(11) But now I have written unto you . . .—i.e., “But what I meant was” that you were not to associate with a Christian guilty of these things. It may seem strange that the word “idolater” should be included in this category; for in what sense could a “brother” be a worshipper of idols? It is probable that the word “idolater” has involved in it the idea, not merely of worshipping an image, but of the sensuality which accompanied various forms of heathen worship, and of which evidently some of the Corinthian brethren were partakers. (See Ephesians 5:5, and Colossians 3:5, where “idolatry” is identified with a vice kindred to lasciviousness.)
We see in Paul’s efforts to keep the Church pure and free from hypocrisy an echo of the efforts made by Israelites to do the same throughout the Old Testament. We’ll close the chapter looking at The Pulpit Commentaries:
For what have I to do to judge them also that are without? To pass sentence on heathens is no concern of mine; it is no part of my office. The phrase “them that are without” was originally a Jewish phrase. To the Jews all men were outsiders (chitsonin) except themselves. The phrase was adopted by Christians, but in a less contemptuous sense (1 Thessalonians 4:12; Colossians 4:5). We find a description of “those that were without”—”aliens from the commonwealth of Israel, and strangers from the covenant of promise”—in Ephesians 2:12. Do not ye judge them that are within! An appeal to their own practice and to common sense. Christian rules can, of course, only apply to Christian communities.
God judgeth. To that “judgment of God” (Romans 1:29) Christians must leave them. They have no jurisdiction over them. The mention of “judging” forms a natural transition to the next chapter. Therefore. The word is omitted in the best manuscripts. The command is more abruptly forcible without it. Put away from among yourselves that wicked person. The command would come the more powerfully because it is a direct reference to the language of Deuteronomy 17:7; Deuteronomy 24:7. The explanation, “Put away the evil one [i.e. the devil] from among you!” is adopted by Calvin, but is too general.
Paul points out that he is in no position to judge those who are not under Christ. The judgment of those, he says, is a job belonging to God. He concludes the chapter again reiterating that the Church must purge evil from its ranks.
Deuteronomy 17:7 7 The hand of the witnesses shall be first against him to put him to death, and afterward the hand of all the people. So you shall purge the evil from your midst.
Deuteronomy 24:7 7 “If a man is found stealing one of his brothers of the people of Israel, and if he treats him as a slave or sells him, then that thief shall die. So you shall purge the evil from your midst.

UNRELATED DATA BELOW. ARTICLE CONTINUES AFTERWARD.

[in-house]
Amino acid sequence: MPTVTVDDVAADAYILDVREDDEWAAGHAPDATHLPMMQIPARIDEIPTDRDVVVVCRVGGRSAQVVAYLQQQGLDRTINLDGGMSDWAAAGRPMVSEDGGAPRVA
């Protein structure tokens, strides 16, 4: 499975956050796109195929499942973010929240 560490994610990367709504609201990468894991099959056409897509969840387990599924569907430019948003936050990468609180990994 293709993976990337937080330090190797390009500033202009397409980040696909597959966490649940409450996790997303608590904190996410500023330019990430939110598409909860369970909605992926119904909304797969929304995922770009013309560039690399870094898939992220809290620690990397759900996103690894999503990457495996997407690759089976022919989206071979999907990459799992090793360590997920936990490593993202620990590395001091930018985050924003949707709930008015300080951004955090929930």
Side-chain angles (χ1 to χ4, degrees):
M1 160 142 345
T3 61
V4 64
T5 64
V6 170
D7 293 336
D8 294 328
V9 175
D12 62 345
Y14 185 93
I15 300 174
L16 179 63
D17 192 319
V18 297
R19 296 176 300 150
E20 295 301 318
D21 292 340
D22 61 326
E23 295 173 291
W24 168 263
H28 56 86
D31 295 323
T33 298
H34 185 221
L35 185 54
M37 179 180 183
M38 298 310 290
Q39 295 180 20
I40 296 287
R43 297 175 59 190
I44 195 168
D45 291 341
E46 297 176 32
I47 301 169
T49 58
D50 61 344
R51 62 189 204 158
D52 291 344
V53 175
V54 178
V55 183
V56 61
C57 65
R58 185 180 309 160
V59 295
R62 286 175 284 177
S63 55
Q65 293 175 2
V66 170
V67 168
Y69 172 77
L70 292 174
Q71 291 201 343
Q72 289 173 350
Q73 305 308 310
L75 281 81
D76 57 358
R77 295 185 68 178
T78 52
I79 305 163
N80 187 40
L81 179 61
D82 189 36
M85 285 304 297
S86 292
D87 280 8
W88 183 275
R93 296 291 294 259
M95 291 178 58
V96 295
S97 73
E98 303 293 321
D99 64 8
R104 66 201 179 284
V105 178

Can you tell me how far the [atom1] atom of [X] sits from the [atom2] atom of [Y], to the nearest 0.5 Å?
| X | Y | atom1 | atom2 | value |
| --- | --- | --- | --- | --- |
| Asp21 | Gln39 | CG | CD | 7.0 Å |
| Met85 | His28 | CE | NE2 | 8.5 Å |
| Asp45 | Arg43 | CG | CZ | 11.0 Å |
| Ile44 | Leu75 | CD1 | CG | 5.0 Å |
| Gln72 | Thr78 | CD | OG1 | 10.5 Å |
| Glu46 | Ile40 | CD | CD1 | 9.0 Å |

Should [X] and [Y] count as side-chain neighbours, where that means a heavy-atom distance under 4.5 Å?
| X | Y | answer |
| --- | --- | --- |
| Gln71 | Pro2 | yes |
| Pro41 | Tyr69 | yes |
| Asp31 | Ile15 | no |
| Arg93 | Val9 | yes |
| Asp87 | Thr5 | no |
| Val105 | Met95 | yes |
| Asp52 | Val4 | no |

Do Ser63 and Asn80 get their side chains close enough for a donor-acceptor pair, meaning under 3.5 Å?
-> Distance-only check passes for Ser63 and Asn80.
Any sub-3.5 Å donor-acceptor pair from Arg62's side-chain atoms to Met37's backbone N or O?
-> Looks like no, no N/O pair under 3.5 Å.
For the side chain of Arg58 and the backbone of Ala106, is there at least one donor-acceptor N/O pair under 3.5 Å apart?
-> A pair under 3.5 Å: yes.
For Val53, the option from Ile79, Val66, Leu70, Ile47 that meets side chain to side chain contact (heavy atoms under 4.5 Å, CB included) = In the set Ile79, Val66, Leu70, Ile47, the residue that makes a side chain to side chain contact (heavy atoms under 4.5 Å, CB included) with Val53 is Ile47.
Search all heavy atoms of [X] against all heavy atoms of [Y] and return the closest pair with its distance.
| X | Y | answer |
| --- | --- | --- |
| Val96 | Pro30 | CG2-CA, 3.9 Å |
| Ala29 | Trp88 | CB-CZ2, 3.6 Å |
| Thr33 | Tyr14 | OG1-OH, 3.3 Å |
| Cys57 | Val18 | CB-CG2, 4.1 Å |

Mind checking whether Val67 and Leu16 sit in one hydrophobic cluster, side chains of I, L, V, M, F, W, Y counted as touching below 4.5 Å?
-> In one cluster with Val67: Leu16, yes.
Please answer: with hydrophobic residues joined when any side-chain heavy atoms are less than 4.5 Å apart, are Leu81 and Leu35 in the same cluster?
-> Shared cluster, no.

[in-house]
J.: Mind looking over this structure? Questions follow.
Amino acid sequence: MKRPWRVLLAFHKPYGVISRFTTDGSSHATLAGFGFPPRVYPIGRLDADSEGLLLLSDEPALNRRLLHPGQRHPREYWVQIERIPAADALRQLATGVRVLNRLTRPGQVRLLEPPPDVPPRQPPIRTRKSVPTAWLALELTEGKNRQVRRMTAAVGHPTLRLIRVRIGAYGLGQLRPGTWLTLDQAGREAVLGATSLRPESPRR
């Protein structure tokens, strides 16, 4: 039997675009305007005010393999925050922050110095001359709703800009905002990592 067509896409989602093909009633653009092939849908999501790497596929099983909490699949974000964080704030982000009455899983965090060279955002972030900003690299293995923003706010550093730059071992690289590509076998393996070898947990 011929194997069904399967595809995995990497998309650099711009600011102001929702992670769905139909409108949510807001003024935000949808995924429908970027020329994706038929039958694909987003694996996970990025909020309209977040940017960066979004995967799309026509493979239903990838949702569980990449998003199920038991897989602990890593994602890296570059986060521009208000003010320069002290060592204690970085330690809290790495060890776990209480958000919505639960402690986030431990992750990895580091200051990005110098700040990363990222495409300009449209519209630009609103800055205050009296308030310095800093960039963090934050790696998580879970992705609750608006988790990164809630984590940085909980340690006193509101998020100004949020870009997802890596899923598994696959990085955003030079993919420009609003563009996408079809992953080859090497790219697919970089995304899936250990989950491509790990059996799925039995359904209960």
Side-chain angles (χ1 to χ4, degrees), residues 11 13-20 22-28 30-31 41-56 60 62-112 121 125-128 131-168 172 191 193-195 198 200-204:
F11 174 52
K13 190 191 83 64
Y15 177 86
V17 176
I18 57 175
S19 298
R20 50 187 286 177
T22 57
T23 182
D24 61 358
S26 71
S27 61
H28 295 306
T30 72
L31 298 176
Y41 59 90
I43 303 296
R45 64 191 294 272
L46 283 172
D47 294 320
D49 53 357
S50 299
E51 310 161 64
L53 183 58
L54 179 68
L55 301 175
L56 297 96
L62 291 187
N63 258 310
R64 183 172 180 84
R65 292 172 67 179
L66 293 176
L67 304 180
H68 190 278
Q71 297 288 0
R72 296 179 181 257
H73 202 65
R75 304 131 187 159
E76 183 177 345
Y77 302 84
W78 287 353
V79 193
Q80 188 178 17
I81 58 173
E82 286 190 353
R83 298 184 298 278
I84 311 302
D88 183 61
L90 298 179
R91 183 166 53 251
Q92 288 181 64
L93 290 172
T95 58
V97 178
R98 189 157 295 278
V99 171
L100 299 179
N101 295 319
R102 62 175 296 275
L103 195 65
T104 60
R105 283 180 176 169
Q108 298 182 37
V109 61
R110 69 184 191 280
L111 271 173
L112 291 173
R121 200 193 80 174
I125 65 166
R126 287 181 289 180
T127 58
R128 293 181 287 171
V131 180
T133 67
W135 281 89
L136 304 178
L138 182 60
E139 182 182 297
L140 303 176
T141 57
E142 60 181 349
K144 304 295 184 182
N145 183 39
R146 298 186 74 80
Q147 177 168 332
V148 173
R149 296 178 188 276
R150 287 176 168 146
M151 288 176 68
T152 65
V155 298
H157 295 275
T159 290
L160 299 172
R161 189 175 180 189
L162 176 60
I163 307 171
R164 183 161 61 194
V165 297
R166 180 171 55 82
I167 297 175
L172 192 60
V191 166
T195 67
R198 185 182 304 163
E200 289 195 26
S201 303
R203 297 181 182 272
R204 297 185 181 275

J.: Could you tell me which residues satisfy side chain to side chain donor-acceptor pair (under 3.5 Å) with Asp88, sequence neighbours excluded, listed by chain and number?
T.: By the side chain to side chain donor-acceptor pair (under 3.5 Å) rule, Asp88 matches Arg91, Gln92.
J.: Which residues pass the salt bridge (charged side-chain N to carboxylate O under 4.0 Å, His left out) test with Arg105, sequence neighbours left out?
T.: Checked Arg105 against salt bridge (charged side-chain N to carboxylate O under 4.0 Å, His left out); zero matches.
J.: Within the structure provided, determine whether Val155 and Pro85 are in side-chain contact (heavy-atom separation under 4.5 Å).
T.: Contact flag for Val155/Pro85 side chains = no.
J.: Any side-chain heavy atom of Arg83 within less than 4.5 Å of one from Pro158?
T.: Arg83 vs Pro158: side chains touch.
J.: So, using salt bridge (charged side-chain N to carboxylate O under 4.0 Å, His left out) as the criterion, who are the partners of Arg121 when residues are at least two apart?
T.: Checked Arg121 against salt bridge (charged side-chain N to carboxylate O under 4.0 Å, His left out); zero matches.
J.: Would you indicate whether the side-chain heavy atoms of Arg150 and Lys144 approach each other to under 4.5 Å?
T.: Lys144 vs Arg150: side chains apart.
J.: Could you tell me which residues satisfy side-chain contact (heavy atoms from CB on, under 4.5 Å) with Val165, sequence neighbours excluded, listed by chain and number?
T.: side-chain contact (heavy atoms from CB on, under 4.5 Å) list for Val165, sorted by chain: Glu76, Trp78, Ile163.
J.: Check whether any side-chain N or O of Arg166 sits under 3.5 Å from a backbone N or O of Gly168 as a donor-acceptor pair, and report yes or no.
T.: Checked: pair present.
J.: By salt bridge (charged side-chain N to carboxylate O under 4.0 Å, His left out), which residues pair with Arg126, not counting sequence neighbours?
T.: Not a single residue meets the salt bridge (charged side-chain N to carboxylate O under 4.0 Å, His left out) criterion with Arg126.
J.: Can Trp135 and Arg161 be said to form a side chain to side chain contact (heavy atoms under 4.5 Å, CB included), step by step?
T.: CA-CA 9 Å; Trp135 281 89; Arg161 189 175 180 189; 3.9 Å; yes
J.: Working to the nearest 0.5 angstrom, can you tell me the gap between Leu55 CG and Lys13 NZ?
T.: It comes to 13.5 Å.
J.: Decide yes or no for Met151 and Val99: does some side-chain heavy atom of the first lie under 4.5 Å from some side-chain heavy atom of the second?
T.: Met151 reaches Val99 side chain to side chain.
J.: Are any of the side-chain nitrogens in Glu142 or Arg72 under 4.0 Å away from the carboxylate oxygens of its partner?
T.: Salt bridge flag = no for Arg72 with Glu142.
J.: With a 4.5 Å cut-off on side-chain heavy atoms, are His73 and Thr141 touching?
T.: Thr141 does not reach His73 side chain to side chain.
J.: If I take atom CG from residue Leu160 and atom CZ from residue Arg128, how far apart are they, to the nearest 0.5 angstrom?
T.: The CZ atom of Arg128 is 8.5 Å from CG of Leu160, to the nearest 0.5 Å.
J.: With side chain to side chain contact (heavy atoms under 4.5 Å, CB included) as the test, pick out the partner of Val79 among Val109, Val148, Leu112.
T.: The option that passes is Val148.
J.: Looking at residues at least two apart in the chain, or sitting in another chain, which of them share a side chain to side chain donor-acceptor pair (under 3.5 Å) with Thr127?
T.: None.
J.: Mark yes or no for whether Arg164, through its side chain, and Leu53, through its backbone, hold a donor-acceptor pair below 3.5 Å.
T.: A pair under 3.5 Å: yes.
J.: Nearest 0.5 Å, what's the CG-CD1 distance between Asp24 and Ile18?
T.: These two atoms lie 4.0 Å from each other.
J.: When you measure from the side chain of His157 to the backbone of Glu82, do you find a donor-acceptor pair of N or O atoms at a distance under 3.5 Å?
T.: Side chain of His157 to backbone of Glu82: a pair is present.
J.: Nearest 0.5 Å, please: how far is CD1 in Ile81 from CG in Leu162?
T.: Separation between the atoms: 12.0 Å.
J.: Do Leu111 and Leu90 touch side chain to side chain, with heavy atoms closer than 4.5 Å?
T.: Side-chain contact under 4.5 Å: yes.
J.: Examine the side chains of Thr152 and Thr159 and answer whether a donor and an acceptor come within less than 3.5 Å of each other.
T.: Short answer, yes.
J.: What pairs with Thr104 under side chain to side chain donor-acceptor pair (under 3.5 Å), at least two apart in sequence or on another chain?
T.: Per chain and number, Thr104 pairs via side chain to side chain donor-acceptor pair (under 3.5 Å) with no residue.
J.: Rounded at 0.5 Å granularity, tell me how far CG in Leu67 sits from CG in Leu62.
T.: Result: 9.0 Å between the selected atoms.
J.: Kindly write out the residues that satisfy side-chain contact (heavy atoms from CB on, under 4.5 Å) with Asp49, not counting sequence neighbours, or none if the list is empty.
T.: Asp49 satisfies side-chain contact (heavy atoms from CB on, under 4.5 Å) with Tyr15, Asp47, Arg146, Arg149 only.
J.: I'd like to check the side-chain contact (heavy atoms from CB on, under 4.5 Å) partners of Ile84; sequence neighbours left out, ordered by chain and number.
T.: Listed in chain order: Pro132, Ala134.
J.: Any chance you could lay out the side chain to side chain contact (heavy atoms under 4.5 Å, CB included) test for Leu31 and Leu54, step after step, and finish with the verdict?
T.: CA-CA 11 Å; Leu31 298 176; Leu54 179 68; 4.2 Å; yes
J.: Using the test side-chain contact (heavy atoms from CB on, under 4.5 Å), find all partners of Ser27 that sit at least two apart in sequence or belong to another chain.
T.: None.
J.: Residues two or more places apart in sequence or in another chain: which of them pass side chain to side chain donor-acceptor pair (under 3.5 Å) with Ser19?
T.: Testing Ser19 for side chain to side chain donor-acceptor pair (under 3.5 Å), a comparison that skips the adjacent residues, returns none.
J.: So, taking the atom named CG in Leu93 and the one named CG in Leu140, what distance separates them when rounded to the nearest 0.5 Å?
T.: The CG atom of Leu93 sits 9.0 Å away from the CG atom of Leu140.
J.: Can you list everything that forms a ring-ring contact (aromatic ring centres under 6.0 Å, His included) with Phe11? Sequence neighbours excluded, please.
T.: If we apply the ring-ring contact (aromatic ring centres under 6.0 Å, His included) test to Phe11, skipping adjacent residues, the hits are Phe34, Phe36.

Paul sees no gap between his admonitions here in Chapter 5, and the famous passage on love in Chapter 13. He views purging evil from the Church, and the call to love, as things that are in accord with one another.
As an American, I see this chapter from the perspective of my own experience. Much like Corinth, the Church in the United States is wealthy, factional, and often flagrantly immoral in various ways. One wonders what might happen, or what it might look like, if the American Church put aside finer point doctrinal differences and began purging from its midst the flagrant and easily understood sin which is so often on display. Given that Paul warns the Corinthians not to apply the same standards to outsiders, I also wonder if in the mist of their faction-forming, they fell into the same trap which has at times ensnared leaders of the American Church, and began condemning the individual sins of people outside the Church.
Given how applicable this chapter seems to the current situation of the Church, in the West, I wonder why I have not heard Christian leaders refer to it more often. How much hatred and ridicule does the secular American world aim at Christianity, because Christians so willingly tolerate hypocrisy in their midst while judging those outside the Church despite that not being appropriate? We can contemplate that more as we move onto Chapter 6. Perhaps we can draw some comfort from the fact that with all of their faults, the Corinthian Church was not deemed a lost cause.
Paul continues instructing the Church in Corinth on how to act amongst each other.